By Sara Jerome,
Access to clean water is a growing problem in the Gaza Strip, according to a United Nations report.
"In the Gaza Strip, 90 percent of water in the underlying coastal aquifer beneath the Gaza Strip is unfit for human consumption as a result of pollution caused by raw sewage and rising seawater infiltration," the report said.
Water is a "constant point of conflict with Israel," the Financial Times reported.
The coastal aquifer that most people on the Gaza Strip depend is in dire condition and could become unusable within the next three years, and irreversibly polluted by 2016, the UN had previously found.
"Polluted tap water has forced many families to buy expensive water from external vendors or to rely on desalinated water supplied by the Coastal Municipalities Water Utility, putting an unreasonable burden on average household incomes, which are already struggling at or below subsistence levels," the report said.
Gaza's water is polluted by sewage and chemicals, Reuters reported. Meanwhile, its population is growing.
"With no streams or rivers to speak of, Gaza has historically relied almost exclusively on its coastal aquifer, which receives some 50-60 million cubic meters of refill each year thanks to rainfall and runoff from the Hebron hills to the east," Reuters said.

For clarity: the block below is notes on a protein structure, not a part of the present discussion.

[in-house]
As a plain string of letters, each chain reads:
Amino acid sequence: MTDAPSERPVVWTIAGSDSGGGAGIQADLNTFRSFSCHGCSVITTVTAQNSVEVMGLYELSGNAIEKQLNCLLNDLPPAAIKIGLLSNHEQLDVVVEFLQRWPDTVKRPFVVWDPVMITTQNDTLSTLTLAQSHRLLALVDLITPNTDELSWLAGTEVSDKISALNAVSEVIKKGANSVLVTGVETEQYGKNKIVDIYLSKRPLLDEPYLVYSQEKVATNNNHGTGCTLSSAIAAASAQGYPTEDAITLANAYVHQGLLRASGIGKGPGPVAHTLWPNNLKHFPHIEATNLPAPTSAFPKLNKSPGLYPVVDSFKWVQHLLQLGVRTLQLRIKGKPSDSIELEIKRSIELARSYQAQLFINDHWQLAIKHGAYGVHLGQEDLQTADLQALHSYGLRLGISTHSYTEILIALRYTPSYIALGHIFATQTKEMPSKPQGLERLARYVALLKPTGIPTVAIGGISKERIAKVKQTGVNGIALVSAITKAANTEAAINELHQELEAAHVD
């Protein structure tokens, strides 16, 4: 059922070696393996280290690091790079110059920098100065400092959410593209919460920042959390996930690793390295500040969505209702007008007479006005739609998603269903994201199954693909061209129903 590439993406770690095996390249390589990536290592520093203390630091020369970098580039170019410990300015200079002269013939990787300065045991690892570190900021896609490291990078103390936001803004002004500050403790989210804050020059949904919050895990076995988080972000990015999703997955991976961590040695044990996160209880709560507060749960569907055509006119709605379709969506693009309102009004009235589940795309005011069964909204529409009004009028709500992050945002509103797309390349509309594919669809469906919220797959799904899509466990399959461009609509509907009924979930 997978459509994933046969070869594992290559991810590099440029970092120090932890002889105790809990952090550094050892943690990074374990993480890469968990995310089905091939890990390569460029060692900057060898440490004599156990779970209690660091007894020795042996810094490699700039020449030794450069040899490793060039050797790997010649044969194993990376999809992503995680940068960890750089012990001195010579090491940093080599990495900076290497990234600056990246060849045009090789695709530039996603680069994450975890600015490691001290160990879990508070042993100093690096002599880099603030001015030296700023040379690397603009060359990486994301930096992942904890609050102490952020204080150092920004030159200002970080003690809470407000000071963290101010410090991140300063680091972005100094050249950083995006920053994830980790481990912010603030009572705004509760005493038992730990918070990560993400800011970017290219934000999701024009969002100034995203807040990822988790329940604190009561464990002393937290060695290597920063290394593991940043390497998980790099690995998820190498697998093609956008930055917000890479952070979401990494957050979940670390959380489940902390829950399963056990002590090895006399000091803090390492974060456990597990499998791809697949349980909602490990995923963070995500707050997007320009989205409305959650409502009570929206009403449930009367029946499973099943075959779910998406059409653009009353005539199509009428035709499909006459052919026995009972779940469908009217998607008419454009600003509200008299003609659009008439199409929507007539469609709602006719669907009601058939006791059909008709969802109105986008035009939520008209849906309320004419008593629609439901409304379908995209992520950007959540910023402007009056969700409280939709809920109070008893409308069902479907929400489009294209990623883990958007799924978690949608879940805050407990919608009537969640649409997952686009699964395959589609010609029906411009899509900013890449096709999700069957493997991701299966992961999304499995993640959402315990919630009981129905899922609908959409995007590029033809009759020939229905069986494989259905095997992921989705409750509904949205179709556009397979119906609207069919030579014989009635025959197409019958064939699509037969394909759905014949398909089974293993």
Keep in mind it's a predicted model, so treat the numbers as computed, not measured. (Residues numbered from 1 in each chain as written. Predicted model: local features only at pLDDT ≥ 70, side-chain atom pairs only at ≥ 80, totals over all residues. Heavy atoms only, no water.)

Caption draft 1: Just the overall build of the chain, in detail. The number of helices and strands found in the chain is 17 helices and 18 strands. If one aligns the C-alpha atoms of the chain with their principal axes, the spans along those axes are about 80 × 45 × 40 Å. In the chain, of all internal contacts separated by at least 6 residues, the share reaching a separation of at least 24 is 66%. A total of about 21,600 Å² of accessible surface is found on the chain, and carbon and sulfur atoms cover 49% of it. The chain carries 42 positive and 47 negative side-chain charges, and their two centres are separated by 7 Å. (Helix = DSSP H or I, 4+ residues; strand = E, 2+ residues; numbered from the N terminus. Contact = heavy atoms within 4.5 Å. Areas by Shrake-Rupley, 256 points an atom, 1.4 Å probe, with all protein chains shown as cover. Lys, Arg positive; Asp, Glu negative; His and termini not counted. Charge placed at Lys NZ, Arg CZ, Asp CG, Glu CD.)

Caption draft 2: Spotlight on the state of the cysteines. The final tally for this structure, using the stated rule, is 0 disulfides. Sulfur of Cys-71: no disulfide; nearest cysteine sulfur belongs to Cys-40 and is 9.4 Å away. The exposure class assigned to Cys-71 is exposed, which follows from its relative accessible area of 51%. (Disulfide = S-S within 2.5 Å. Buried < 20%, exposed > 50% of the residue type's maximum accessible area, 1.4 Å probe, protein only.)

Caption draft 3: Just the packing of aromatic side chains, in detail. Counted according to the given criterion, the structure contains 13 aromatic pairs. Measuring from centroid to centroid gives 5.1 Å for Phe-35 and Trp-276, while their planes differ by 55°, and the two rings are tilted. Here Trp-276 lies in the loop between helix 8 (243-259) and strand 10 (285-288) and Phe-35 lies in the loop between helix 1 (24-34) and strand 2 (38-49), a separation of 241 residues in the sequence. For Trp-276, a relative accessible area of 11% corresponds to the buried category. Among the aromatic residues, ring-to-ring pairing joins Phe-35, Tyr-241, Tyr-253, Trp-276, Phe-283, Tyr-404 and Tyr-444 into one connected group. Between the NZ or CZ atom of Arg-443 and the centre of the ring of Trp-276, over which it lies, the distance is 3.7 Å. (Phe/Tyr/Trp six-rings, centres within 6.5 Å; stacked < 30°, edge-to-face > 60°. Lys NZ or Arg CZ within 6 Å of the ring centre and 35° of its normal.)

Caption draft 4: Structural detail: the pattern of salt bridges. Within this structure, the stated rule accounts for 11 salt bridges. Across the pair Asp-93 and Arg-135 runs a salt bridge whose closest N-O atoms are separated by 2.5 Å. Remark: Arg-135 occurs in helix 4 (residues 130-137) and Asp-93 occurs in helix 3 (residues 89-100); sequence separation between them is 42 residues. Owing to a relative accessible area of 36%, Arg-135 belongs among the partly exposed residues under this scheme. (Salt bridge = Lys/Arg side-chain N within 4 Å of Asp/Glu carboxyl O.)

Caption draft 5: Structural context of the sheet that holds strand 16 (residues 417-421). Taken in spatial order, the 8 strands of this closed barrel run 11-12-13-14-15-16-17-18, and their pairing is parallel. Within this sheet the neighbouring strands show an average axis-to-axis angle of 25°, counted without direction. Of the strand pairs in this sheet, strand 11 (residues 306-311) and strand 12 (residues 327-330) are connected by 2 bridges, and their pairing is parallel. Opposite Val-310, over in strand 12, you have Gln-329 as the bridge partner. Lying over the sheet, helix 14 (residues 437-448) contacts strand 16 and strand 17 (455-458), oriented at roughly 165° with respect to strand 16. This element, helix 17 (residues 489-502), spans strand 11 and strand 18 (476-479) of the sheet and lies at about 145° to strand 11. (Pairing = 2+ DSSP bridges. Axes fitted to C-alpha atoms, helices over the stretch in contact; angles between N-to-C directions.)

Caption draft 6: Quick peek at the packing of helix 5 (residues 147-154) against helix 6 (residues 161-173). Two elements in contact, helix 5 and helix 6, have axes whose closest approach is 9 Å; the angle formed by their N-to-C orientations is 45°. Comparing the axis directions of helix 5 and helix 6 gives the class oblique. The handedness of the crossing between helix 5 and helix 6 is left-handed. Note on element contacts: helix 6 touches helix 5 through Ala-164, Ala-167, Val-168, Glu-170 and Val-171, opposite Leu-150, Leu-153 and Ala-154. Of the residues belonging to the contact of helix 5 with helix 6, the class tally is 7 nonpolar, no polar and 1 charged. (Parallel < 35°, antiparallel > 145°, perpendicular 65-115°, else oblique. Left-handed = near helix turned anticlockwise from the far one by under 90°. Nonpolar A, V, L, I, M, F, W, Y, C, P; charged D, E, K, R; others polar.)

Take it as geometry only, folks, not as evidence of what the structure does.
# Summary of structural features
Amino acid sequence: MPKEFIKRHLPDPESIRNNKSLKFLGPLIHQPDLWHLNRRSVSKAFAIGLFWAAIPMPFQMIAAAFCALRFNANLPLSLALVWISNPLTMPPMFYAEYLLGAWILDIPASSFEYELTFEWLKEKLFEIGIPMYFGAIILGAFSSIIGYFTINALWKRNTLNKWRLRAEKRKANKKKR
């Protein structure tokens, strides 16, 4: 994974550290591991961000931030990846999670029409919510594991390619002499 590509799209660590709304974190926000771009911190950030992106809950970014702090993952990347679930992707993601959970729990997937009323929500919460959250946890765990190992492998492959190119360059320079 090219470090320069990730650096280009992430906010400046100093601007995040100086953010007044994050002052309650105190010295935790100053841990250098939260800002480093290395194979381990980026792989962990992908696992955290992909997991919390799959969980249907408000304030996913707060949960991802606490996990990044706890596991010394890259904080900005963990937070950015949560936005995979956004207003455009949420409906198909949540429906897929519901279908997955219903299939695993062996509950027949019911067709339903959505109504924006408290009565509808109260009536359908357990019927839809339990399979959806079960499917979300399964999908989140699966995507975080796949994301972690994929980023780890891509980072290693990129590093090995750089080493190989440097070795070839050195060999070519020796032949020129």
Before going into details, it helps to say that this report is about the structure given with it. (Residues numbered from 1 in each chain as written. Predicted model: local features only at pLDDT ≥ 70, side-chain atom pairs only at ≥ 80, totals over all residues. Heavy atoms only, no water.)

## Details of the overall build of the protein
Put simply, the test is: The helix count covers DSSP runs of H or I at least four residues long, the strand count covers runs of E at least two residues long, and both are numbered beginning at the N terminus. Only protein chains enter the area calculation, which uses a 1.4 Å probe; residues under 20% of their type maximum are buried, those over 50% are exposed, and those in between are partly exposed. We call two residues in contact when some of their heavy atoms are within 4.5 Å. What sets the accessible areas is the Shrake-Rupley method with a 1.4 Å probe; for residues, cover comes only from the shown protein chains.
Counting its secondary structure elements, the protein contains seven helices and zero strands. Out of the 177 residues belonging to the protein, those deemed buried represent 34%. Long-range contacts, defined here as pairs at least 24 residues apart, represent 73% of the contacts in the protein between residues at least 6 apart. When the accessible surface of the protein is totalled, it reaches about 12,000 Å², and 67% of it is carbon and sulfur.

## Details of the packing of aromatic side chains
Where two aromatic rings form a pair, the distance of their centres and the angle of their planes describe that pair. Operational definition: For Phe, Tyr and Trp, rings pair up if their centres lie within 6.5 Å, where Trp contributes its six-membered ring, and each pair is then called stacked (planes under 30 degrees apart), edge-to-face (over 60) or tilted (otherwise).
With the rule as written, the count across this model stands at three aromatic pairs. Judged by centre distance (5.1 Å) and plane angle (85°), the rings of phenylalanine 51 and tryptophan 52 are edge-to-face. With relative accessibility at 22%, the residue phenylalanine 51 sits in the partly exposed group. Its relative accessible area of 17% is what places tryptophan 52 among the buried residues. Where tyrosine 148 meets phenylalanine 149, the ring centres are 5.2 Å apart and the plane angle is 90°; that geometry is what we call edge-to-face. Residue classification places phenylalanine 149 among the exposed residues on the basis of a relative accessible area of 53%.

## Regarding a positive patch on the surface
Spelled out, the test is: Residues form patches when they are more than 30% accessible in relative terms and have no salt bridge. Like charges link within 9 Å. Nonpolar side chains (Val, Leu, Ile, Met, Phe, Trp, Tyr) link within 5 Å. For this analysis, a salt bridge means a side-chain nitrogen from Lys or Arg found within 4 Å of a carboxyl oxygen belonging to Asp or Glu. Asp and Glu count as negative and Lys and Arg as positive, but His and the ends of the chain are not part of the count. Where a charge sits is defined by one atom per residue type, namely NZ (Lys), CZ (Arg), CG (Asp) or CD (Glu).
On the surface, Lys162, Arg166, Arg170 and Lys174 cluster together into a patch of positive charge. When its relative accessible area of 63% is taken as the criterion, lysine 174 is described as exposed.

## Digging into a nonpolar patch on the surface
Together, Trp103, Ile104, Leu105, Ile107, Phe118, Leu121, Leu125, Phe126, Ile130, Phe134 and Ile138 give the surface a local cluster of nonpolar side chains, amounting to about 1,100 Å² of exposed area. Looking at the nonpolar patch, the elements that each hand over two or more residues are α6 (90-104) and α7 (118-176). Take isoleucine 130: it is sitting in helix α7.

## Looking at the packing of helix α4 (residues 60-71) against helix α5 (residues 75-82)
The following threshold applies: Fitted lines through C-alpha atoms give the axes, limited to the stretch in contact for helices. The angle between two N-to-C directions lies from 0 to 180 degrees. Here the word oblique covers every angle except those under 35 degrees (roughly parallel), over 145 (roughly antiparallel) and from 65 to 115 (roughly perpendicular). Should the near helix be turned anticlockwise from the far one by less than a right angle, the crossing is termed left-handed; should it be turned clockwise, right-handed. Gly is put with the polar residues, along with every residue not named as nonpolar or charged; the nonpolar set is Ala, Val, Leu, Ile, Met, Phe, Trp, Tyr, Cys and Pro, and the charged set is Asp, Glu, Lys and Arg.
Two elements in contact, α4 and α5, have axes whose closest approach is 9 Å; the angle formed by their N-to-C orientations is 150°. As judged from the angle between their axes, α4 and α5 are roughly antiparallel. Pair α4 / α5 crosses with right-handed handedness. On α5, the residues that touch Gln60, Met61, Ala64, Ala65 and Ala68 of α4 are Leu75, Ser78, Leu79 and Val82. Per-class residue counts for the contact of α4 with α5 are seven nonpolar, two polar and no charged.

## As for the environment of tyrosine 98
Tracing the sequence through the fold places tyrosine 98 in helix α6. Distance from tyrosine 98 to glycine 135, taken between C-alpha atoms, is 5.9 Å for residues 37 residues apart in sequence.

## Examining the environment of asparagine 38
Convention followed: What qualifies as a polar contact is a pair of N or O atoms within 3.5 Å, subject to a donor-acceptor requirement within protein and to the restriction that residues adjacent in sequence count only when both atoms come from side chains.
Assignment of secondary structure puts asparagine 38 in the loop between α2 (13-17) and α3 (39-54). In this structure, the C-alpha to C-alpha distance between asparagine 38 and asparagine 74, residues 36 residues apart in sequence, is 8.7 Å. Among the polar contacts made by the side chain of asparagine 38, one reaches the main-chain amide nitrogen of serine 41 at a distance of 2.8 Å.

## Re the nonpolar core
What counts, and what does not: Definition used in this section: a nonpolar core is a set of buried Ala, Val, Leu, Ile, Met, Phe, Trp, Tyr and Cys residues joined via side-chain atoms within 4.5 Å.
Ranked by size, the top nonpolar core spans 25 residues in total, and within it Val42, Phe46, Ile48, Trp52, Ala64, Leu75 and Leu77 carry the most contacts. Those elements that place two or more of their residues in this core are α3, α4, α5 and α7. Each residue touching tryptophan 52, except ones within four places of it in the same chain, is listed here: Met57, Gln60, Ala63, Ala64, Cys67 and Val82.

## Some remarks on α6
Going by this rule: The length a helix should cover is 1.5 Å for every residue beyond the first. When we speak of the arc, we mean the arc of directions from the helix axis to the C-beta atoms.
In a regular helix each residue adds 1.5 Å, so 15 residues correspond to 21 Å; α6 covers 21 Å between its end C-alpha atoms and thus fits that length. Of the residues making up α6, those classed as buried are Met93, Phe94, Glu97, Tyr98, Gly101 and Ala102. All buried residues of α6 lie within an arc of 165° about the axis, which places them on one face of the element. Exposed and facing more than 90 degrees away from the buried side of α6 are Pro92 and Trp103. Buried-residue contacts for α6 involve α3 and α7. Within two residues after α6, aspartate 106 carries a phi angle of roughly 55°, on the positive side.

Desalination facilities "and their public taps are a lifesaver for some of Gaza's 1.6 million residents," Reuters said.
Most Gaza strip residents drink about 70 to 90 liters of water per day, "which is well below the global standard set by the World Health Organization," according to the UN report.
Israel announced in September that is would build a pipeline to improve water access for Gaza Strip residents.
"The new pipeline will increase supplies to the Gaza Strip to 10 million cubic meters," Bloomberg reported. The West Bank water allotment "will rise by 4 million cubic meters to 57 million."
Palestinian Authority President Mahmoud Abbas made the water request, even though Gaza has been ruled by the militant Islamist group Hamas since 2007, Bloomberg said.
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